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Maxwell Boltzmann distribution

by vincisonfire
Tags: boltzmann, distribution, maxwell
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Nov10-08, 01:29 PM
P: 4
1. The problem statement, all variables and given/known data
The energy difference between the first excited state of mercury and the ground state is 4.86 eV.
(a) If a sample of mercury vaporized in a flame contains 10^20
atoms in thermal equilibrium at 1600K, calculate the number of atoms in the n=1 (ground) and n=2 (first-excited) states. (Assume the Maxwell-Boltzmann distribution applies and that the n=1 and n=2 states have equal statistical weights.)
2. Relevant equations
Maxwell Boltzmann Distribution
3. The attempt at a solution
I thought that since they have the same statistical weight, there must be 5*10^19 particles in each state. But I don't think it is the good answer since we use this number for another exercice and it doesn't yield the good answer.
I don't know how to figure out these number using Maxwell Boltzmann distribution.
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Nov11-08, 07:58 PM
Redbelly98's Avatar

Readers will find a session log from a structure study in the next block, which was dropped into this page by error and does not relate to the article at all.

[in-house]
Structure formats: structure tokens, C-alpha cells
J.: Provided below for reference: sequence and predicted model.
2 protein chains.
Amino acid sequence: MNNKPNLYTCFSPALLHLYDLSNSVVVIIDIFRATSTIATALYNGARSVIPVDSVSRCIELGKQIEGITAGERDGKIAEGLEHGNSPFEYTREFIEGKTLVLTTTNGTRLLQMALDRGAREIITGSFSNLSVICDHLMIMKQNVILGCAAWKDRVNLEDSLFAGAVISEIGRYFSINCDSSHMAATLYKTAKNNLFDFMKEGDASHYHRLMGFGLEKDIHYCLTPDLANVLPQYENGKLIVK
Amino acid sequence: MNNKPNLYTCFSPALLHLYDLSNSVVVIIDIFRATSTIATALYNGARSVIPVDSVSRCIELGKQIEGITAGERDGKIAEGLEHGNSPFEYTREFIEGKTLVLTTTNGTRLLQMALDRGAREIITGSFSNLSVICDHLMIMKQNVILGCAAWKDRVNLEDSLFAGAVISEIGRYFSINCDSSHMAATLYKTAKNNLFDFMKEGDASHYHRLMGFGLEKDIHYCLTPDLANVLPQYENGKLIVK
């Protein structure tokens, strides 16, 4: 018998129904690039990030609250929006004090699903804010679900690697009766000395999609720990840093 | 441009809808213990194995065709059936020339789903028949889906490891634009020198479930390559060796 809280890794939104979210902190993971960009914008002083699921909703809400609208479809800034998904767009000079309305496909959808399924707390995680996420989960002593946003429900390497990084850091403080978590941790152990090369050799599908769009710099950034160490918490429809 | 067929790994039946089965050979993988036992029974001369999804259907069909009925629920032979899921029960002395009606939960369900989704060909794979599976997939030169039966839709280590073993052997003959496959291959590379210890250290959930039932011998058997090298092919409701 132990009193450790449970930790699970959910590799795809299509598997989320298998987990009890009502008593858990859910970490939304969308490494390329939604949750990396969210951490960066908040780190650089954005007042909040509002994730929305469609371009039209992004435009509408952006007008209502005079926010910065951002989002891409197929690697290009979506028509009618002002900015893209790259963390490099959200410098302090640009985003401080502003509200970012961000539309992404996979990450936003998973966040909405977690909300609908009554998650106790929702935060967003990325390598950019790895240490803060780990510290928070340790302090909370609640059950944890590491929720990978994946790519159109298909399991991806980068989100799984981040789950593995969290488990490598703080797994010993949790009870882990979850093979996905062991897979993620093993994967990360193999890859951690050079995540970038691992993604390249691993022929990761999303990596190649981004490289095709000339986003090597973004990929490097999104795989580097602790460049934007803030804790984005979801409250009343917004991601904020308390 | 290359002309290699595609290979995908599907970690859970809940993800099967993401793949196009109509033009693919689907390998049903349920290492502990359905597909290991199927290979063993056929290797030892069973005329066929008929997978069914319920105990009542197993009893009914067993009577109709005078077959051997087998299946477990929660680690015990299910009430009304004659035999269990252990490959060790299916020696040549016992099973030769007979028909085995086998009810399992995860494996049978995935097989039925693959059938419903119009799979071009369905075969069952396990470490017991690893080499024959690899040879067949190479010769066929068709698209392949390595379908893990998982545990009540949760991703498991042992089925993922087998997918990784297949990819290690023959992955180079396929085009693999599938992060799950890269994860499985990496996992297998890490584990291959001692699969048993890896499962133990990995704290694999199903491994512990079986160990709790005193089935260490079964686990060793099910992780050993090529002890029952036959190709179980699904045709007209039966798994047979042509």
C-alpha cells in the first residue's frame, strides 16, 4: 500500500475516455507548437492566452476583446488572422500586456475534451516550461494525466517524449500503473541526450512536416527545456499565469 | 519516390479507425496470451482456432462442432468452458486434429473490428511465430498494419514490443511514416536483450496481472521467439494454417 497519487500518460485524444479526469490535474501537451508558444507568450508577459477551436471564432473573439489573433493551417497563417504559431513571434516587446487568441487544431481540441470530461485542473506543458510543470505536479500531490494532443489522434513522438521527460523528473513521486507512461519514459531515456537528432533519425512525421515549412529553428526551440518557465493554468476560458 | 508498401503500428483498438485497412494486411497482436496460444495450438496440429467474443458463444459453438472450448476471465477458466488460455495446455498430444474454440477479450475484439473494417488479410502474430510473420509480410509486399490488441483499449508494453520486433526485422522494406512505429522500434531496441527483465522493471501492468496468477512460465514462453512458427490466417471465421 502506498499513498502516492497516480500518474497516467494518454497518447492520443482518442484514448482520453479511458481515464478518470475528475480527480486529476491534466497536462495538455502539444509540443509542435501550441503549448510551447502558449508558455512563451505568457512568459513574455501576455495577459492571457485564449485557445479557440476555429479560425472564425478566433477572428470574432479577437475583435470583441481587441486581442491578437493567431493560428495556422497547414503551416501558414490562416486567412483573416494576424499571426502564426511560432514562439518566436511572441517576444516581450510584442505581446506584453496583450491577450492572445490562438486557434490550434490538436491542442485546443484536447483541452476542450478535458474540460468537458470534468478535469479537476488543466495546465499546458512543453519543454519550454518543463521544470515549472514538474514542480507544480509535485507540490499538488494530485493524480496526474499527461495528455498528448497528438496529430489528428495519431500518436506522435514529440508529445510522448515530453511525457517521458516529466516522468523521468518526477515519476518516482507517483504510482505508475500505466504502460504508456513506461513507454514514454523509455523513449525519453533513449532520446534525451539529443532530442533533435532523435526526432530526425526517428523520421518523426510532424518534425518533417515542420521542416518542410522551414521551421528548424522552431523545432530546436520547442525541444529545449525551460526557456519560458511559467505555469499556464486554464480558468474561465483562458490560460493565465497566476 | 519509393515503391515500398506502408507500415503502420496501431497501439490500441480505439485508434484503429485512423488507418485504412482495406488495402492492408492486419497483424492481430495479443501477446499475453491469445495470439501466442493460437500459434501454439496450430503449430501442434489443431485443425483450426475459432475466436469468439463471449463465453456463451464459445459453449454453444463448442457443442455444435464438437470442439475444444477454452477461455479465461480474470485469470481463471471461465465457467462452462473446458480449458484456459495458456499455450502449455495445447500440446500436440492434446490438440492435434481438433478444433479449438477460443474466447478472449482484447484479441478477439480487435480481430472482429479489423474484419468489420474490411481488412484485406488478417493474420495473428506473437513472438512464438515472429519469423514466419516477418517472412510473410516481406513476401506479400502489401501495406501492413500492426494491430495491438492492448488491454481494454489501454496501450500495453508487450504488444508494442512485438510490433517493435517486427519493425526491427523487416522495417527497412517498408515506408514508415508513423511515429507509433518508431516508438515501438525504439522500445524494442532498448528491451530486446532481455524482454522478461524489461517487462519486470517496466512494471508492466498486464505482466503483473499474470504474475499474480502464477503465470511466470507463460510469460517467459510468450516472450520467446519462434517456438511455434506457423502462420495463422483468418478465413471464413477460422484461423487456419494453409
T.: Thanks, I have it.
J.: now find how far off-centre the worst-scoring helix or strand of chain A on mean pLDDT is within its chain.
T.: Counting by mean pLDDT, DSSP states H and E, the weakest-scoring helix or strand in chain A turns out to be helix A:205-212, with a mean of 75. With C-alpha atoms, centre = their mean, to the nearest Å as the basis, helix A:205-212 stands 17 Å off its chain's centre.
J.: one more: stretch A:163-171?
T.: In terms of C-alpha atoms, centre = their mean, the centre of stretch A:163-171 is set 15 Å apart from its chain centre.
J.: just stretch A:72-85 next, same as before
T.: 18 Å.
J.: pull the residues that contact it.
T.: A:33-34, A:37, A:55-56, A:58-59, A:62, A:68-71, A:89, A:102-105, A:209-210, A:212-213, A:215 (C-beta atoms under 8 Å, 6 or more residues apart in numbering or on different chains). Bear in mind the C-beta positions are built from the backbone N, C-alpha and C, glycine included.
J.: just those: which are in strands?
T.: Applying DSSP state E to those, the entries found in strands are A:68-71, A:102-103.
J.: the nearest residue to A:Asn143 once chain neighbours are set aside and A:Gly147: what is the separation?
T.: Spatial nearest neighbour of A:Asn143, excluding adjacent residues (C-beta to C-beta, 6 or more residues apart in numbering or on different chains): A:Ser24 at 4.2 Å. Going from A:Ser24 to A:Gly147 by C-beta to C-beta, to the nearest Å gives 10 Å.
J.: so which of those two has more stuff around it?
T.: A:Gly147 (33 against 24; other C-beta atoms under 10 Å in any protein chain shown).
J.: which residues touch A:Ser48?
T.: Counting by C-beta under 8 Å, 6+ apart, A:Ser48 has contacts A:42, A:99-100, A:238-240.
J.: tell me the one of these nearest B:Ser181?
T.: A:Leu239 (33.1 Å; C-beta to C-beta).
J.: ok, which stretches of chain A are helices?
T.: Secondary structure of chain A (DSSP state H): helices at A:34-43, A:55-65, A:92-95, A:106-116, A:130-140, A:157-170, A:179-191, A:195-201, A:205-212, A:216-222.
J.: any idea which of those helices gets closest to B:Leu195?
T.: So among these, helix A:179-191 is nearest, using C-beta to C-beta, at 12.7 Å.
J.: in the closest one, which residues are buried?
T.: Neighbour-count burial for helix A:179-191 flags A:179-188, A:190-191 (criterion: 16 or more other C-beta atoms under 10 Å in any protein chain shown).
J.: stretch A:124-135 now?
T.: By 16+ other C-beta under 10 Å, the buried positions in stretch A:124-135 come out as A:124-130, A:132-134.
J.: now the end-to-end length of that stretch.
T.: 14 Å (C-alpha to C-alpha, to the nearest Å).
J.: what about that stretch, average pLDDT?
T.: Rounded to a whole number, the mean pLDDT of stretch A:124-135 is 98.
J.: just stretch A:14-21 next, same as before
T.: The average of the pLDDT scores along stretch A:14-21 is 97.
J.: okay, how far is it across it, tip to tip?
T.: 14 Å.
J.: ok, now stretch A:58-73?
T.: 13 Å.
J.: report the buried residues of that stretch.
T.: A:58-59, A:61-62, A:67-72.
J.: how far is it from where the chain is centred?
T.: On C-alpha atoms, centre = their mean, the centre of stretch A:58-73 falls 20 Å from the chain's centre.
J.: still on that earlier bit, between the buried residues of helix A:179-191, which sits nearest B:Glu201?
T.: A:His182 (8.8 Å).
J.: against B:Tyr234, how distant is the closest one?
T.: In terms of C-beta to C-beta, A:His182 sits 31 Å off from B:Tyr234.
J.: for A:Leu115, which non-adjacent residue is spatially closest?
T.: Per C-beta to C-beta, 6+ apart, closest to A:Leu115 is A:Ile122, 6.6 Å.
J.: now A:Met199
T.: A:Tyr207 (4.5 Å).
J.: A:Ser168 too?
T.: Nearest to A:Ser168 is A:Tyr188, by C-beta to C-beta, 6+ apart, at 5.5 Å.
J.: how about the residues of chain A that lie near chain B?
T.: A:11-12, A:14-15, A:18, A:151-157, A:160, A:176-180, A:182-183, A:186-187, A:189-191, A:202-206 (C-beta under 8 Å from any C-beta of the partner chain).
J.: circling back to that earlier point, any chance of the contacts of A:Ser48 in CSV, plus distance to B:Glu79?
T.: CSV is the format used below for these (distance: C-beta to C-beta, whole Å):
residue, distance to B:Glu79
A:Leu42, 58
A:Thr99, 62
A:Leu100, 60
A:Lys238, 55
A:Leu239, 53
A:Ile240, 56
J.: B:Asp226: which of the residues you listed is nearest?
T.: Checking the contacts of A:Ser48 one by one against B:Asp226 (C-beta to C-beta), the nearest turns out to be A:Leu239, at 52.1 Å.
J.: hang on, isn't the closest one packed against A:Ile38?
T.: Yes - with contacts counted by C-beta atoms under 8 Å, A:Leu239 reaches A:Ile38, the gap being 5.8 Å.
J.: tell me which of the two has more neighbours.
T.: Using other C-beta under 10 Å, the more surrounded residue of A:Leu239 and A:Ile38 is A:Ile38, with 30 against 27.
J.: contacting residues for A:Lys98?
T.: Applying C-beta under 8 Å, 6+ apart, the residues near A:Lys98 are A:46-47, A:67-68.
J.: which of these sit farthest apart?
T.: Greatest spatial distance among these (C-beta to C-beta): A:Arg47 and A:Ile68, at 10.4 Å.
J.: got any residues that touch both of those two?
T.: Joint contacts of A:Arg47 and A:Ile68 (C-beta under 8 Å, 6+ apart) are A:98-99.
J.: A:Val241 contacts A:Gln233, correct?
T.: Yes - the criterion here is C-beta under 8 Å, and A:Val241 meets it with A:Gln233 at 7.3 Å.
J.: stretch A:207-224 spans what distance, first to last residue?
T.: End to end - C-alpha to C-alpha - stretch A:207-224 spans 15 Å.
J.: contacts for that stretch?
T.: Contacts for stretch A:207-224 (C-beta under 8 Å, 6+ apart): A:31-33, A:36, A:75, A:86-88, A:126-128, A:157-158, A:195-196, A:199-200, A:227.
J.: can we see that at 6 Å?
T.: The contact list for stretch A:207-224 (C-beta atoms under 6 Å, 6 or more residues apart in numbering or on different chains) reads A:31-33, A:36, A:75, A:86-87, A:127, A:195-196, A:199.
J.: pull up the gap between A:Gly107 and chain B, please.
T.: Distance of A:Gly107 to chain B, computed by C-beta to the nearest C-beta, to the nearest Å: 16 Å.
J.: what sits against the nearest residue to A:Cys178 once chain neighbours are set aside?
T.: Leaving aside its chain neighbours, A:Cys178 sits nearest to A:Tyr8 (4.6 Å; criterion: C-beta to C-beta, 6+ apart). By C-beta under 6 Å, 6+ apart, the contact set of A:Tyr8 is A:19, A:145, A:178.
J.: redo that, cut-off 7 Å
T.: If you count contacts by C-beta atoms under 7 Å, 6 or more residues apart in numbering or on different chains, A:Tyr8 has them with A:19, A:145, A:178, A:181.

P: 12,074
Maxwell-Boltzmann refers to the distributions of atom velocities and is not relevant here.

What are relative populations of 2 states, separated by energy ΔE and at a temperature T?
Nov11-08, 08:10 PM
P: 369
"Statistical weight" refers to the number of different states there are with n=1 and n=2, respectively. In reality the statistical weight is certainly not the same for these states, but never mind: all you need is the energy difference between the two states, and then answer Redbelly's question.

[It's a bit unfortunate that *sometimes* by "statistical weight" one means exactly the Boltzmann factor you will have to calculate: so by that definition you are correct to say the populations in the states are equal. But clearly, the person who phrased the question did not have that meaning of "statistical weight" in mind.]

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